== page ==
That should give you greater control,  but I still have this irrepressible feeling that the OP wants a certain speed.    So if you bypass it,  if you are giving it what it wants/likes, all is fine.   If you're feeding it a speed it doesn't like, it could compromise the performance of the OP step.

I dunno, it's speculation, but it's these types of questions that ESS would be able to answer.

I have a tendency to over simplify complex stuff.  But for the Sabre, my starting point would be,   Learn what that fixed clock speed is (you might already know?),  then decide on the most appropriate source format to match the end clock,   then optimise your middleman to suit the source/end points.   So we have as simple as possible reading, transporting and processing chain. 

Then get everything else around the dac chip optimised,  power supplies,  output electronics, etc.

Once you're hitting home runs.   Then start to experiment with other source formats/reclocking the different sample rates.

Just thinking out loud.
It's all about the music,, not the equipment.

Offline zenelectro

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Re: DDDAC 1794-NOS 24-192
« Reply #95 on: December 02, 2012, 10:47:16 AM »
The other thing Sabre has is an inbuilt ASRC. This recalculates the samples based on a separate and independent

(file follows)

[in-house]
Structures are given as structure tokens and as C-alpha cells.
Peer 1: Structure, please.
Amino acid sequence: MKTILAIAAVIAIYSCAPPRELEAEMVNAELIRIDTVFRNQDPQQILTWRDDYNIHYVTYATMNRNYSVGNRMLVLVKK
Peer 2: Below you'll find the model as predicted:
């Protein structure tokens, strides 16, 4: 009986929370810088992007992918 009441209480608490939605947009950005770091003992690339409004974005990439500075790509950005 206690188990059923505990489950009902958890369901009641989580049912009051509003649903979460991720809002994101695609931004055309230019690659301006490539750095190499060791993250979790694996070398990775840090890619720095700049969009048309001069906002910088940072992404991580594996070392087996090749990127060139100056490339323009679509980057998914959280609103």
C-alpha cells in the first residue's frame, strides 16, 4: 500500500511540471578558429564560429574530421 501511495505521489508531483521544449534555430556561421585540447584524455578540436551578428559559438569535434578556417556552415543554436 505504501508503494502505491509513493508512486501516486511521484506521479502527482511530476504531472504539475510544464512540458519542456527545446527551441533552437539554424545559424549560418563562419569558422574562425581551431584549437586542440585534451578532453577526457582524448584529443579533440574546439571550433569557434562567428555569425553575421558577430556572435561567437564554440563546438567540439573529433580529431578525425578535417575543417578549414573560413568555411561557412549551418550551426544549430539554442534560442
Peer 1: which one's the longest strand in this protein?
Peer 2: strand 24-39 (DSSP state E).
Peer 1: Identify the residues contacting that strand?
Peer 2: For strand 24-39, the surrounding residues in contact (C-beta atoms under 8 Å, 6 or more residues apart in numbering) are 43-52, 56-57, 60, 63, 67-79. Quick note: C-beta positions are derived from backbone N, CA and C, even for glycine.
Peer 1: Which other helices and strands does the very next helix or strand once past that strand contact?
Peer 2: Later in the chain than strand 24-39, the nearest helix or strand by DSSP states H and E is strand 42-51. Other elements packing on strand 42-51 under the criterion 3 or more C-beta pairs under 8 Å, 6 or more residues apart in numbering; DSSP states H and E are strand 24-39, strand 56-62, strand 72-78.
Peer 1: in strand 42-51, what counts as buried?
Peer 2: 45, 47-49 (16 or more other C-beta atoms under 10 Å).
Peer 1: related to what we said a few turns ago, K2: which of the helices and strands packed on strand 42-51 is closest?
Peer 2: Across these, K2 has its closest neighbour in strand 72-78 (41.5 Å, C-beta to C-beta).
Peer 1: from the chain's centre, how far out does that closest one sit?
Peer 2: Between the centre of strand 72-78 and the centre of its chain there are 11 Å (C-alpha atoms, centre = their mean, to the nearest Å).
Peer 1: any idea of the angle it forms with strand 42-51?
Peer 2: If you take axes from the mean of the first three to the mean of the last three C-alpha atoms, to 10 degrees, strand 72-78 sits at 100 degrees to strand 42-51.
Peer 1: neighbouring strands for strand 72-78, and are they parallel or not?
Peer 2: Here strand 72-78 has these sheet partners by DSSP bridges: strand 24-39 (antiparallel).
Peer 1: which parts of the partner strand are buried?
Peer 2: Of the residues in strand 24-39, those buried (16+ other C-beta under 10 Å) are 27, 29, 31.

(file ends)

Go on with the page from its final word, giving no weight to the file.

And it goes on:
clock at the DAC. So you can feed anything into Sabre and the OP will always be locked to a fixed clock.
These (ASRC's) are notoriously bad for sound. The Sabres is reportedly very good but it is still a question.
This makes me wonder what that fixed clock is,  and if it inherently favours (works better) with certain data types to others?

Quote
The secret is you can also disable this feature and run the chip synchronously.
That should give you greater control,  but I still have this irrepressible feeling that the OP wants a certain speed.    So if you bypass it,  if you are giving it what it wants/likes, all is fine.   If you're feeding it a speed it doesn't like, it could compromise the performance of the OP step.

I dunno, it's speculation, but it's these types of questions that ESS would be able to answer.



I have a tendency to over simplify complex stuff.  But for the Sabre, my starting point would be,   Learn what that fixed clock speed is (you might already know?),  then decide on the most appropriate source format to match the end clock,   then optimise your middleman to suit the source/end points.   So we have as simple as possible reading, transporting and processing chain. 

Then get everything else around the dac chip optimised,  power supplies,  output electronics, etc.

Once you're hitting home runs.   Then start to experiment with other source formats/reclocking the different sample rates.

Just thinking out loud.

Oz, I have already looked into all of this and for a USB connected DAC it can be all done really well by virtue of the
fact that with asynchronous USB, you can have fixed clock(s) in the DAC itself. 

I'll PM you.

cheers



Offline ozmillsy